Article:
The fundamental problem for Russia is that Putin, during his three terms as president and one as prime minister, has done little to diversify the economy away from oil and gas exports. Since his pretensions to global power always rested on the price of hydrocarbons, the consequences of that inaction are visible now that global prices for gas are tumbling due to the US-led shale boom, and oil is beginning to follow the downward trend, which could last decades. Russia is already feeling the effect. “Alarming” is the one word heard in Moscow in recent months to describe the stagnating Russian economy. Putin himself used the term in April.

At the same time that oil and gas prices are falling, energy customers are looking beyond Russian suppliers. Europe is finding new sources of natural gas, and Asia is turning to North and South American fields. As a result, writes Daniel Graeber of OilPrice.com, “the Russian economy is starting to retreat behind the former Iron Curtain.”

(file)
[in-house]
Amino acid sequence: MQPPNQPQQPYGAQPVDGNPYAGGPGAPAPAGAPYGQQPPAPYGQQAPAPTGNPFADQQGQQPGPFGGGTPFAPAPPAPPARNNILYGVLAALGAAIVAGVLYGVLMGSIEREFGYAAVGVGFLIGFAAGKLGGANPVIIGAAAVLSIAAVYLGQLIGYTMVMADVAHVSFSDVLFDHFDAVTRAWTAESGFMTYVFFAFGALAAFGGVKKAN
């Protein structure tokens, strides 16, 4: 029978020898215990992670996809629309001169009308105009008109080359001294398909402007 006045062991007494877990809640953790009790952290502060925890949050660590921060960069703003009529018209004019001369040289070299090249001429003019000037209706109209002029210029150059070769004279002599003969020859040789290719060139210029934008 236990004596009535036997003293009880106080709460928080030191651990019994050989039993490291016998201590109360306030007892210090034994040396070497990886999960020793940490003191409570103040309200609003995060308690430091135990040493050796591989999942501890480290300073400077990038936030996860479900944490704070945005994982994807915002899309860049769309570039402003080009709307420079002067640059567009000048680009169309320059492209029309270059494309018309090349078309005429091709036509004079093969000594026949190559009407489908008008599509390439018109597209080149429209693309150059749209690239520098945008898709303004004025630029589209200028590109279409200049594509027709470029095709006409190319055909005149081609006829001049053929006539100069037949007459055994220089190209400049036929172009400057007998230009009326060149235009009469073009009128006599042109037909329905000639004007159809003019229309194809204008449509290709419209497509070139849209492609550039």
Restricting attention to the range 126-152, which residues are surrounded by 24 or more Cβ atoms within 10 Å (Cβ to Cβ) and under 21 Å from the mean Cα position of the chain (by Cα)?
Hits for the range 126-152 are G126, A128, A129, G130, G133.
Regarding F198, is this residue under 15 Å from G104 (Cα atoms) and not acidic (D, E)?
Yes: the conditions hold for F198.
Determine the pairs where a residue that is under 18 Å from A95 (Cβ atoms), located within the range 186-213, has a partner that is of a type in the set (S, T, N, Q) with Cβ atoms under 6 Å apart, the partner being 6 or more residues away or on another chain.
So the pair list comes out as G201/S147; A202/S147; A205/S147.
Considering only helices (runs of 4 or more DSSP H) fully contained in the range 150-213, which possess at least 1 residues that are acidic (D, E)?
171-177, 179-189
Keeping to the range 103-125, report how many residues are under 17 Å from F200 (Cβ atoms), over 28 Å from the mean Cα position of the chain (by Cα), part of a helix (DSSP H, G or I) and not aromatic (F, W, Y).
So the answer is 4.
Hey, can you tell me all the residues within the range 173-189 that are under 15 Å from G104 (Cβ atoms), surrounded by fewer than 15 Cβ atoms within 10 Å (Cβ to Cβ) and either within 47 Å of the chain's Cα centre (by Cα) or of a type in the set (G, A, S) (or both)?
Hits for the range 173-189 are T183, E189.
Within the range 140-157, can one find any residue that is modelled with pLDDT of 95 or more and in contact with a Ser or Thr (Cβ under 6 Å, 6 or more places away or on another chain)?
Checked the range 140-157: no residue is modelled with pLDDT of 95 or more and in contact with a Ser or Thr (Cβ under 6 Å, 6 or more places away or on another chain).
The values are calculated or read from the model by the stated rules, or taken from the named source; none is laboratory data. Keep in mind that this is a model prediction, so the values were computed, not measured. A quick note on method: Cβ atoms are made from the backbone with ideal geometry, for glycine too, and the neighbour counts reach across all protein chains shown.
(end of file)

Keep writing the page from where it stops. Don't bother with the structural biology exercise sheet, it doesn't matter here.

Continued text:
These trends have made Russia look east. “Geopolitically, Russia realizes it has to work with China,” notes Ildar Davletshin of Moscow-based Renaissance Capital. Significantly, Moscow and Beijing, at the time of the announcement of the Rosneft deal in October, agreed to greater diplomatic cooperation and coordination, perhaps best symbolized by the signing of twenty-one cooperation agreements by Prime Minister Dmitri Medvedev and his counterpart, Premier Li Keqiang. “Bilateral relations have never reached such high levels,” said Medvedev while in Beijing.